This Evening: Grandma Says Fu*k The Colts

Your p.m. roundup for Oct. 24, the day the odometer flipped to one million. Photo via Lyle L. Got any stories or photos for us? Tip your editors.

This Evening: Grandma Says Fu*k The Colts

What we're watching (all times EDT, unless noted): Game 5 of the World Series between the Cardinals and Rangers is at 8 on Fox. The Ravens and Jaguars meet on Monday Night Football on ESPN at 8:30. And the Pan-Am Games are on ESPN2 at 9.

Read Me

The Woody Allen vault: "When it comes to long-form writing, few figures have played more roles over the years than Woody Allen. He's the subject of countless profiles; his catalog often gets the full think-piece treatment; he's a great interview (whether the topic is his work or his relationship with Soon-Yi); and, oh yeah, he writes long pieces, too." [Slate]

This Date In Deadspin History

Oct. 24, 2006: That'll Be All, Bill

Elsewhere

The all-name team: "Who will be this year's SirValiant Brown? The next God Shamgod? After the jump, you will find the best 100+ names in college basketball." [Ballin' Is A Habit]

Where did the seven-game series come from?: "To trace the origins of the seven-game playoff series in America, you have to hearken back to the 1880s, to a time when baseball was played by men with nicknames like Heinie and Kid, to an era when obdurate moguls like Brush and William Chase Temple bankrolled the sport. The first World Series—originally called ‘The Championship of the United States'—was three games played in 1884 between the New York Metropolitans of the American Association and the Providence Grays of the National League, and from then until 1890 a variety of formats were utilized: In 1887, the series went 15 games; in both 1885 and 1890—in a triumph of Seligian logic—the series ended in a 3-3-1 tie." [Grantland]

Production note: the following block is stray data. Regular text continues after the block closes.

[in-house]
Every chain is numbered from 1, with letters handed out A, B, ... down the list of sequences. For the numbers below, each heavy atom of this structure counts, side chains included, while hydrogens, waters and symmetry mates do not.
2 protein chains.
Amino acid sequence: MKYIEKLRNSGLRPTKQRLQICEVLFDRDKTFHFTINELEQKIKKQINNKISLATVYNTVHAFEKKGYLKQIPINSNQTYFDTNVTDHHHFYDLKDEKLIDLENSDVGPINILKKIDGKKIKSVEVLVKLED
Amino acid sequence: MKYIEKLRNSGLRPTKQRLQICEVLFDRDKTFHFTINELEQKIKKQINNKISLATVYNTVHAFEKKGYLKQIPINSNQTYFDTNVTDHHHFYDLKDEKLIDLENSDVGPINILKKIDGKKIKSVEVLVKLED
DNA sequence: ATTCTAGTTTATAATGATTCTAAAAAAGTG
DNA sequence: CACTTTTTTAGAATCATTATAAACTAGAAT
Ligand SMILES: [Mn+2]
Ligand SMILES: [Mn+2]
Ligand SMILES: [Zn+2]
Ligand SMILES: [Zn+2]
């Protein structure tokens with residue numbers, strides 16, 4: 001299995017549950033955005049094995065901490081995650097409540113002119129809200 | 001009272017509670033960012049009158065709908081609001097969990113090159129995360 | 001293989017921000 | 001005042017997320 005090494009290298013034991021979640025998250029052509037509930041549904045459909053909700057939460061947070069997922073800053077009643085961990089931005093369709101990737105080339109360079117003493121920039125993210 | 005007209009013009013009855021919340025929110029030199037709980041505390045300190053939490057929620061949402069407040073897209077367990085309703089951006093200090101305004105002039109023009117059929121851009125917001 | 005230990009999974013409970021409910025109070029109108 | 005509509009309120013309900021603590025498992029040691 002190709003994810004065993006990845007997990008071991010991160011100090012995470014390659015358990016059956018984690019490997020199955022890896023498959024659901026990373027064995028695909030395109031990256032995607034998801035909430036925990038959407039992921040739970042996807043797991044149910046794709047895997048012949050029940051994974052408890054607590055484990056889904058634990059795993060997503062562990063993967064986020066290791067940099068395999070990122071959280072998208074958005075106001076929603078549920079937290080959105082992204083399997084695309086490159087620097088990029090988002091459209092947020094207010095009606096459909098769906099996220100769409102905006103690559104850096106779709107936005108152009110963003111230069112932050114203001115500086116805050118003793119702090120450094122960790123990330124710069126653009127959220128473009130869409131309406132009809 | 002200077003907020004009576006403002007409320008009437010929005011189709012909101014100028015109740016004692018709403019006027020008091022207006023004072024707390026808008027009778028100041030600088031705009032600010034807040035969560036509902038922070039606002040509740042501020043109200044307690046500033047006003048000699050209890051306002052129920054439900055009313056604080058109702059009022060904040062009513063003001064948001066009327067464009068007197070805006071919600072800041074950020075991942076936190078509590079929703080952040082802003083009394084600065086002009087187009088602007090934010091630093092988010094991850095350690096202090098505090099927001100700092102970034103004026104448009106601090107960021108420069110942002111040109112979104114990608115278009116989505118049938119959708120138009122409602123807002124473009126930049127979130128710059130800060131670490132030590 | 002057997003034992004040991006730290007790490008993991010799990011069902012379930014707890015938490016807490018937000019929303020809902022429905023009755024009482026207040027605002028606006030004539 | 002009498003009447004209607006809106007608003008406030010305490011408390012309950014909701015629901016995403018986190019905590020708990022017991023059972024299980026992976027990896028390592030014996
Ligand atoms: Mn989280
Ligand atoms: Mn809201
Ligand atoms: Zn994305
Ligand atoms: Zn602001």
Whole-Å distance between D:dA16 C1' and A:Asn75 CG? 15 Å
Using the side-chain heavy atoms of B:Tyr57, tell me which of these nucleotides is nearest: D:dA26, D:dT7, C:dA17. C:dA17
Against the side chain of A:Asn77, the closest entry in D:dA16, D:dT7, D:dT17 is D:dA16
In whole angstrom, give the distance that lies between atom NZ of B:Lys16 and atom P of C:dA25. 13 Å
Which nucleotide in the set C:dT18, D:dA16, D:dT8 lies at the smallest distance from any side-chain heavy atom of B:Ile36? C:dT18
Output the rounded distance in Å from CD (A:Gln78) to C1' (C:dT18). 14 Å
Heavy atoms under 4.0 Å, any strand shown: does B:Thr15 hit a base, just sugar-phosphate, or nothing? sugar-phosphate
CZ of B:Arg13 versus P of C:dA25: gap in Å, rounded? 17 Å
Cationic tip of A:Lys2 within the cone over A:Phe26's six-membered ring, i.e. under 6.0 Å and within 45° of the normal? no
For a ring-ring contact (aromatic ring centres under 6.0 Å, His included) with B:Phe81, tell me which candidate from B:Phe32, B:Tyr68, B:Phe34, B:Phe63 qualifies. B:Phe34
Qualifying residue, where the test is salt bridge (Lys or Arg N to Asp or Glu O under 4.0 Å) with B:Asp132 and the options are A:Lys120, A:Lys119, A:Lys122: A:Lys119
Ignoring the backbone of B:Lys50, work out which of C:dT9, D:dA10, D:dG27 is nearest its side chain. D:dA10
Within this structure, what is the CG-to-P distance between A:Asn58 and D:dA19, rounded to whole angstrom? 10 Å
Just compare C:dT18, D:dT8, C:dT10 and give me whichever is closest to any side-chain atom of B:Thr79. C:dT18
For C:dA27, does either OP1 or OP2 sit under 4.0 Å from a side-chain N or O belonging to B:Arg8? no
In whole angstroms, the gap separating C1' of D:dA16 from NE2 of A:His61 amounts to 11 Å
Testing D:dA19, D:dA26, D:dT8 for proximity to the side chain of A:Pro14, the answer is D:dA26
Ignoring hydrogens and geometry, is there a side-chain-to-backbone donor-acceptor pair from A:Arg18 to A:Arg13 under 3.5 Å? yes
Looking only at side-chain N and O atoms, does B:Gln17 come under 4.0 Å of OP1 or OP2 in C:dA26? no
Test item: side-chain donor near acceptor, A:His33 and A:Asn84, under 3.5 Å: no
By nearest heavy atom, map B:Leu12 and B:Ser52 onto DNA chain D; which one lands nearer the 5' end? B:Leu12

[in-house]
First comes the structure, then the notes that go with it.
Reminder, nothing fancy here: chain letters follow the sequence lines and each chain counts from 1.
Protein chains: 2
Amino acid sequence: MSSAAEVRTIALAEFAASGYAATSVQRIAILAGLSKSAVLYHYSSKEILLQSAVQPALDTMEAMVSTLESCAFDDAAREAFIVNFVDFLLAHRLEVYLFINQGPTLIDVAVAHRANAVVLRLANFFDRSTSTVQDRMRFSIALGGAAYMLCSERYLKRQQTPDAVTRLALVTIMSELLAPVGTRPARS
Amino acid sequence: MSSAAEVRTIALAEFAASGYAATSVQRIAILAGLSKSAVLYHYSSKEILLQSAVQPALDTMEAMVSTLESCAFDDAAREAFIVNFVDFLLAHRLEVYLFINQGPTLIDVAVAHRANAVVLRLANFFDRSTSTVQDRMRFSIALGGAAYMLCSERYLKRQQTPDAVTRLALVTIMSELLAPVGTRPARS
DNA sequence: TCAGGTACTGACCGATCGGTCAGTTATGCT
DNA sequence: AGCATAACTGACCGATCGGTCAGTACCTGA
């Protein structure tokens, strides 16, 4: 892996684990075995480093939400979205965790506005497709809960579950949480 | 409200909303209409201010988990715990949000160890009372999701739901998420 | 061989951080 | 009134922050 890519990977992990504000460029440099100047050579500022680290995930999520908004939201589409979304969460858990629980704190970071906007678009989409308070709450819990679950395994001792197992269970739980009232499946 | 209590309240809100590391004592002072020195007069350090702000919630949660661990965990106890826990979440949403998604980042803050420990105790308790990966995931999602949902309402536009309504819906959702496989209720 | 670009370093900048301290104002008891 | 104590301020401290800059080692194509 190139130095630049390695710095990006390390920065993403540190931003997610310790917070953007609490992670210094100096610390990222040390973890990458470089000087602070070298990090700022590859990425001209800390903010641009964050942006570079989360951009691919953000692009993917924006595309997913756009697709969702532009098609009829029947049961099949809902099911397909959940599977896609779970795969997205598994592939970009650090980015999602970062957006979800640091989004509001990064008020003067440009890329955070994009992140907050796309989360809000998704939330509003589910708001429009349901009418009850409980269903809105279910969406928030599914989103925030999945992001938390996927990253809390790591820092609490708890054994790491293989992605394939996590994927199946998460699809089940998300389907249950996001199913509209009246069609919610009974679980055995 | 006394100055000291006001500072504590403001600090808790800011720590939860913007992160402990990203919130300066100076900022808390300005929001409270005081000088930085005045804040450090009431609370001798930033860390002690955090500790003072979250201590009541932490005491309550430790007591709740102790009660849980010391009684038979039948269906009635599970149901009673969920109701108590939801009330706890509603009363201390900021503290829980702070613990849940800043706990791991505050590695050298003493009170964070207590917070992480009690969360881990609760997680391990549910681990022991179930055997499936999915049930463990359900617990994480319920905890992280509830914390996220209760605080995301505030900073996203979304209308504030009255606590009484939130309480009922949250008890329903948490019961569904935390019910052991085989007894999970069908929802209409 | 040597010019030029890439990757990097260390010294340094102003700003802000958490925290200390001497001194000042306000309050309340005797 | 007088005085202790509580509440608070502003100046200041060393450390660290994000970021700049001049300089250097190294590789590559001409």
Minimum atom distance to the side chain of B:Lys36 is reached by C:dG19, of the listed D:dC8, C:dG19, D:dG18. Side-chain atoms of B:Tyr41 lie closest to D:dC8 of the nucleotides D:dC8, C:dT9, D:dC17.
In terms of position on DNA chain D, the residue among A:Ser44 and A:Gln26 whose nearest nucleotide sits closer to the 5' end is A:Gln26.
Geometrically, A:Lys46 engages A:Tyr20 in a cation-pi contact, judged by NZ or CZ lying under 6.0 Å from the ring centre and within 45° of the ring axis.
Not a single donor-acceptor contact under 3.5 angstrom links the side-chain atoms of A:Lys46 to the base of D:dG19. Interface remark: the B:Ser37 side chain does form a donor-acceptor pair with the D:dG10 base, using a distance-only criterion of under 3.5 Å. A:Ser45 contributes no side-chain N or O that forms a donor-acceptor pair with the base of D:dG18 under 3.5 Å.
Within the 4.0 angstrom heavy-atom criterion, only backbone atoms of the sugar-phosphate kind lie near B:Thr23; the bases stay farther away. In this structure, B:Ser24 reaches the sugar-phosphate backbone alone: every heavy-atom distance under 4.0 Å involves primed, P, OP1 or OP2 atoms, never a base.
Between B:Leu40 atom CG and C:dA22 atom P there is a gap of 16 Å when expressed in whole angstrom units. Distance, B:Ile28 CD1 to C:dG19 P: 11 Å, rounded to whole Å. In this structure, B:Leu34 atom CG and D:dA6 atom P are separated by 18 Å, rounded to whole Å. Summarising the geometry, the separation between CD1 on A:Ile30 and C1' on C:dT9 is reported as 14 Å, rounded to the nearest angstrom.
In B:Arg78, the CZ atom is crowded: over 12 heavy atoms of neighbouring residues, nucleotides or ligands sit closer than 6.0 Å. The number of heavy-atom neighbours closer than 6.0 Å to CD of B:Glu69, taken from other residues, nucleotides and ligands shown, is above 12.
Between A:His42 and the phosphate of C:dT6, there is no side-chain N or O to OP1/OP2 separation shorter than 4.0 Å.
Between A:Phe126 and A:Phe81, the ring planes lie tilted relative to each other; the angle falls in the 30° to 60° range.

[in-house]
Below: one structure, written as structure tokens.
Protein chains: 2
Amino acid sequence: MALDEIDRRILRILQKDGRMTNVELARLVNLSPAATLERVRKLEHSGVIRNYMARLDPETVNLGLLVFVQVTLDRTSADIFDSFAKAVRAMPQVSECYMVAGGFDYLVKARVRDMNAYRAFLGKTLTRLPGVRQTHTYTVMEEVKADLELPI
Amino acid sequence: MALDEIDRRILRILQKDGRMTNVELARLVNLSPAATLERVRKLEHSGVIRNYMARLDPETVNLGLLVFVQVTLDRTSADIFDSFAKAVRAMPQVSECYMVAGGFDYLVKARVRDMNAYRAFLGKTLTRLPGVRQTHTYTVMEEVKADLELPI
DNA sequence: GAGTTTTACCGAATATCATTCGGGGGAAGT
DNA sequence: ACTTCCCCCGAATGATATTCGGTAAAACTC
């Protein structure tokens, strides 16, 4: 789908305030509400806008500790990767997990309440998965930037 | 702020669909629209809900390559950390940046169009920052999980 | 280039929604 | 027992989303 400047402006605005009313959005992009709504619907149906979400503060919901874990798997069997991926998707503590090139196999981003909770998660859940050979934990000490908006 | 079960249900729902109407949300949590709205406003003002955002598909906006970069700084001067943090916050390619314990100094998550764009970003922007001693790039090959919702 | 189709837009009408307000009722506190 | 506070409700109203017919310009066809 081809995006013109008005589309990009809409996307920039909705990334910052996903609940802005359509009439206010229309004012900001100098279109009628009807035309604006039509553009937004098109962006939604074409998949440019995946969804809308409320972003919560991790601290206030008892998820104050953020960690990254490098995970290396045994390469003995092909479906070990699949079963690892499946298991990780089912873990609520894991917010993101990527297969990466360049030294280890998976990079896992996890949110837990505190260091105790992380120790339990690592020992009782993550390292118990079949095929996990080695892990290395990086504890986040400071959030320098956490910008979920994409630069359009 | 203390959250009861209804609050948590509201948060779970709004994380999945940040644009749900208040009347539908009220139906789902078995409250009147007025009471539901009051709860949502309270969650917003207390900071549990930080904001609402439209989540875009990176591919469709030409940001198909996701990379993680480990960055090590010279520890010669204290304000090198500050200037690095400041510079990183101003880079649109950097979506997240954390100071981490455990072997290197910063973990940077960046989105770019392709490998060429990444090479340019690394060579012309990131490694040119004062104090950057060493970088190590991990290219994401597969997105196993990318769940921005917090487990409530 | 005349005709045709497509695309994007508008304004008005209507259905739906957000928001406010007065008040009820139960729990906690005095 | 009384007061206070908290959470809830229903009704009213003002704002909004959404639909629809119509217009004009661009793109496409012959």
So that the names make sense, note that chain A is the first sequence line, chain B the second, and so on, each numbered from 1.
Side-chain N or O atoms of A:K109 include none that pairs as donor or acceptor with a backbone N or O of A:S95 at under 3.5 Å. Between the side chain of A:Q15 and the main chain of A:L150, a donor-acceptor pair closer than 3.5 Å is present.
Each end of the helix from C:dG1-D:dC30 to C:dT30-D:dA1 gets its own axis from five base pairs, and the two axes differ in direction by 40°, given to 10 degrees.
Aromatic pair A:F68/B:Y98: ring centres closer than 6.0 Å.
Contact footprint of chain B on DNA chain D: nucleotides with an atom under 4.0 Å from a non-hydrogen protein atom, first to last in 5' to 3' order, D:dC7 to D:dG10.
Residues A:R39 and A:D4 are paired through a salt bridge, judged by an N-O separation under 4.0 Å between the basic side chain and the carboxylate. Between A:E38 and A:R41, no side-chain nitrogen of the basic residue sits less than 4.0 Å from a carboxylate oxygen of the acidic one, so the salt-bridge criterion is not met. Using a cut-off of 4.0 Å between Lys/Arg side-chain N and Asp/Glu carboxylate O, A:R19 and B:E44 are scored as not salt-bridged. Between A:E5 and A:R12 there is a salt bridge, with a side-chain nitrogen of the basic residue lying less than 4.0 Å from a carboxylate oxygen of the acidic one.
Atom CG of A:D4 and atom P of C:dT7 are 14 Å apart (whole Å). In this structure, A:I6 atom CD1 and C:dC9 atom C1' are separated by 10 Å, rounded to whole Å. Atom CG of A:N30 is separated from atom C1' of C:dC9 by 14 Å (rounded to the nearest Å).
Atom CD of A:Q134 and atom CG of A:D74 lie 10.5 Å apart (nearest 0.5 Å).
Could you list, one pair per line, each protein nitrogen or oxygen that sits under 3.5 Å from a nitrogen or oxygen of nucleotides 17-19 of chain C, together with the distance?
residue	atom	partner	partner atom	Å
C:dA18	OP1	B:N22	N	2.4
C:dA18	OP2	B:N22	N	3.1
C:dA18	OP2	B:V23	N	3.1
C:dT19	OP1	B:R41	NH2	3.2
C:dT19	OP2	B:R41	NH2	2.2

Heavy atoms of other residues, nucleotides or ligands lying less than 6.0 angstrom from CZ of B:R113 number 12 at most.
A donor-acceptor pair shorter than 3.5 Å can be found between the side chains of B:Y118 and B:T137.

Your Farhad Darya Tajikstan Commercial Interlude:

Occupy newspapering: "Forget about occupying Wall Street; maybe it's time to start occupying Main Street, a place Gannett has bled dry by offering less and less news while dumping and furloughing journalists in seemingly every quarter." [New York Times]

Wake up the quitters: Quarterback Matt Barkley did not back away from assertions by his USC teammates that Notre Dame quit in the final minutes of their game Saturday in South Bend, Ind., although the Trojans did later apologize for the statements on Monday. ‘I would agree with that,' Barkley said on Monday during an interview with Max Kellerman and Marcellus Wiley on 710 ESPN. 'I was shocked that they didn't use the (fourth-quarter) timeouts because we got on the field with ... about seven minutes left, and I thought they were planning on stopping us and saving their timeouts for the end when they had the ball.' He added: ‘It seemed from our sideline and our perspective that they did give up. It seemed uncharacteristic of Notre Dame. I wouldn't have wanted to have been on that sideline.'" [ESPN]

Merch: Managing editor Tom Scocca and contributing editor Drew Magary have both written books. You can buy Scocca's Beijing Welcomes You: Unveiling the Capital City of the Future here, and Magary's The Postmortal here. Now do it.

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